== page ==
What is Yamaha YPAO and YPAO R.S.C

If you have a Yamaha Surround Sound Receiver from the last few years, it will most likely have a room calibration system called Yamaha Parametric [Room] Acoustic Optimiser. In simple terms, using a microphone, YPAO will take you through a process to optimise the speakers in your room to ensure you get the best surround sound experience from your receiver. You should use it when you’re setting up your Yamaha receiver for the first time and every time you move your speakers to a new position or new room.

31054_97_1

If you’re a beginner to home cinema, you should refer to your receiver’s manual (or read my new article here), go through the YPAO process and stop reading here. At the same time, if you are an advanced reader and want to understand how to get the very best out of your receiver, keep reading. Since there isn’t a lot of information on the internet about YPAO, this article will go into some fairly advanced topics. Please read the basic and intermediate articles on SimpleHomeCinema first if you’re new to home cinema. Our advanced articles will not explain basic terminology.

Please note that not all statements are backed up by measurement graphs, but the article was written after being in email communication with the engineers at Yamaha Japan who designed YPAO (with the help of Yamaha Australia, thank you!) and taking hundreds of measurements and configurations for testing. These may be published at a later time. For the benefit of contributing to the community, the findings are published without wait.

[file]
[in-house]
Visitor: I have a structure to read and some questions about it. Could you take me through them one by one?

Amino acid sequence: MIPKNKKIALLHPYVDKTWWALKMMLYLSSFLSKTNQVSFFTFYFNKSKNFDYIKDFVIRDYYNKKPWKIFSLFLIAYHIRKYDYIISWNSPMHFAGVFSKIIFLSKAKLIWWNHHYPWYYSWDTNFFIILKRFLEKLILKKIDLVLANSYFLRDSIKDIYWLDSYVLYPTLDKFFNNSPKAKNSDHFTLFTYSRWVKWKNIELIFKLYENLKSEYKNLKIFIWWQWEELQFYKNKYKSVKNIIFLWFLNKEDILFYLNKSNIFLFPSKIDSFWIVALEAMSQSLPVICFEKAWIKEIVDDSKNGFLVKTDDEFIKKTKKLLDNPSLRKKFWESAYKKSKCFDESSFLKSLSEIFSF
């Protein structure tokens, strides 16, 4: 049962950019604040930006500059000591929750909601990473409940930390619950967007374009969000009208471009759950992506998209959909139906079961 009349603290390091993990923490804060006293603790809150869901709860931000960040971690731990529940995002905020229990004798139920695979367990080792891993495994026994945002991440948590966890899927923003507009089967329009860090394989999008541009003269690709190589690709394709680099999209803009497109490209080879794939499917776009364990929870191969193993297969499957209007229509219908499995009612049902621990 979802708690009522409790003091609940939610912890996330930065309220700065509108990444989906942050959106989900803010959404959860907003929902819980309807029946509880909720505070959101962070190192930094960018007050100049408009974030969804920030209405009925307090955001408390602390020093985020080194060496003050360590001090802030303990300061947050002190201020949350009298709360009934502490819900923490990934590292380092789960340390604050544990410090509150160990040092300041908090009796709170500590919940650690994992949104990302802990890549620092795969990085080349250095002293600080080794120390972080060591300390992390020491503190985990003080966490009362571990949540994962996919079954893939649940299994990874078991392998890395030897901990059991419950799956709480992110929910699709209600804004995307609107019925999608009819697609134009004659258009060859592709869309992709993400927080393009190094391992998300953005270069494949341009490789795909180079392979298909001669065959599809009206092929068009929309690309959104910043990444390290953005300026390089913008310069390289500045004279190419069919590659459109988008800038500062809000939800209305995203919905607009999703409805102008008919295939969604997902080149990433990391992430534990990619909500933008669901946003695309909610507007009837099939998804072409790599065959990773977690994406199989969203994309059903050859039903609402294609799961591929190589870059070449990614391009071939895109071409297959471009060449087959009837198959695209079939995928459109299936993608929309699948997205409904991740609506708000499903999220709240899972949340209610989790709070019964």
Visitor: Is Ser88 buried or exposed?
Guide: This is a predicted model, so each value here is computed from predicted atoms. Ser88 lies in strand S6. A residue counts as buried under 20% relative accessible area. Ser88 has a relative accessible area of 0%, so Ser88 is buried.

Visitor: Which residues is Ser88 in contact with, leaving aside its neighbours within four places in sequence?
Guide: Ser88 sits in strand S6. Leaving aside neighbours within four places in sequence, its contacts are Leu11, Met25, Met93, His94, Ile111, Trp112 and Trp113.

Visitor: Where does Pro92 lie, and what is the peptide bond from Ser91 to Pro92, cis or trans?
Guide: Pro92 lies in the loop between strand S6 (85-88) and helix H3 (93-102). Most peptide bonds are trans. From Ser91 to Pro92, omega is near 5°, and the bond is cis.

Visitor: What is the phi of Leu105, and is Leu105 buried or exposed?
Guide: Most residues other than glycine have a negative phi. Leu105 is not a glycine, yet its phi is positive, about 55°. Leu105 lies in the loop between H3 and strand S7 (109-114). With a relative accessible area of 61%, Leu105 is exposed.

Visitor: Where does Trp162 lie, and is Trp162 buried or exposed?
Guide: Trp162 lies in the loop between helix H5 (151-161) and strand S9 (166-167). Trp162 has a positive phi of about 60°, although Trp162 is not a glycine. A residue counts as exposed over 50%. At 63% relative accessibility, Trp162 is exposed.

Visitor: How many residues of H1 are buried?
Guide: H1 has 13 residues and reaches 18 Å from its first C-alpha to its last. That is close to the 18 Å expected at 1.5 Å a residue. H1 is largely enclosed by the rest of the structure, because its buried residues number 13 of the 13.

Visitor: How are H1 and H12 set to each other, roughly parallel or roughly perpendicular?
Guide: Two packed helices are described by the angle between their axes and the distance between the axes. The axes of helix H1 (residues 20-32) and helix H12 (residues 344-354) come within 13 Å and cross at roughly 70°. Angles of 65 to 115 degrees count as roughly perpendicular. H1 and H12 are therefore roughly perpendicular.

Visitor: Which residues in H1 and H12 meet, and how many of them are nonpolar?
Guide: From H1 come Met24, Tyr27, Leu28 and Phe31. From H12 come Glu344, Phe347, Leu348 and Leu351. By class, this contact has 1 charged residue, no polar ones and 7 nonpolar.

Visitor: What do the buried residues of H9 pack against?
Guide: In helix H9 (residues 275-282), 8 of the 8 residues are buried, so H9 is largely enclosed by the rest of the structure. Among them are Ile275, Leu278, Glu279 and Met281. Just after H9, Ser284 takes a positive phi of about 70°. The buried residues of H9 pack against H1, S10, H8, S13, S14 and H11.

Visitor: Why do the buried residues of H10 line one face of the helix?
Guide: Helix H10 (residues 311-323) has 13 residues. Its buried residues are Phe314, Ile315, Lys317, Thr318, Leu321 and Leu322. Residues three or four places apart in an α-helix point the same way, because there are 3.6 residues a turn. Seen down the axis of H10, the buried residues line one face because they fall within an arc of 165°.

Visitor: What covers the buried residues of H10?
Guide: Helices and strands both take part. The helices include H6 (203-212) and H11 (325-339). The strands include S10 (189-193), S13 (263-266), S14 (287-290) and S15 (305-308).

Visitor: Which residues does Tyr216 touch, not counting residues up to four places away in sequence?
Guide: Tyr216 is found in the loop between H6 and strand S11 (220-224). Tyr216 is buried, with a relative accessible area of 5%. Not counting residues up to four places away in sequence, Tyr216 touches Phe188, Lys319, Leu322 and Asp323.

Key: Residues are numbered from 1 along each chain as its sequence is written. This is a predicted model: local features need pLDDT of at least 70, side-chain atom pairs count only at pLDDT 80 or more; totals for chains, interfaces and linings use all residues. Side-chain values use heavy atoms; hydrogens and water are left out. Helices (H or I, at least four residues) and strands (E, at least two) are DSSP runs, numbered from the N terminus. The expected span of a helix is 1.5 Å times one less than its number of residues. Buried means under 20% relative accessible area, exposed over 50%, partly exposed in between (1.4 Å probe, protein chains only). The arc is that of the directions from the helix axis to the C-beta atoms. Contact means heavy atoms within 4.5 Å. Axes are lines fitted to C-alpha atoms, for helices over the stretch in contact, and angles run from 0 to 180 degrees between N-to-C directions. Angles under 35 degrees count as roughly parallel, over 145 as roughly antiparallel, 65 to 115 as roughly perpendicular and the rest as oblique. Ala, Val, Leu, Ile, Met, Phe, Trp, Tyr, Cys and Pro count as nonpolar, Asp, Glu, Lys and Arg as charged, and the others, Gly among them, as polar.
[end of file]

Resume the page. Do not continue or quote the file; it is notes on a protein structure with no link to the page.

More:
The Difference between YPAO and YPAO R.S.C

Basic YPAO will do the following:

  1. Measure and set speaker delays (called –  inaccurately – distance)
  2. Measure and set speaker levels / volume
  3. Measure the frequency response of your speakers and use a parametric equaliser (PEQ) to flatten the frequency response of the speakers/room in the frequency domain only (what it is doing really is match the timbre of the speakers to each other)

YPAO R.S.C (R.S.C. stands for Reflected Sound Control) is more advanced. It actually has TWO sets of filters:

  1. It will measure the impulse response of the main speakers (not the subwoofer even if the model has sub EQ) AND will create filters that will modulate BOTH the phase and the frequency of the response. This is to allow for removing the first reflection of the speakers in the room and it allows YPAO to tackle both the dips and the peaks in the frequency response. YPAO basic will only be able to tackle the peaks effectively and do a hit or miss with the dips. This is true of any type of parametric EQ. These filters are not actually displayed on the screen and are not editable.
  2. The second set of filters are only in the frequency-domain with a minimum phase: these are the PEQ filters that are used in the YPAO basic equalisation. But here, more broad filters can be used since the main / most difficult issues in frequency response have been corrected.

This is why manual editing of filters for YPAO and YPAO R.S.C have to be done differently. Let’s have a look…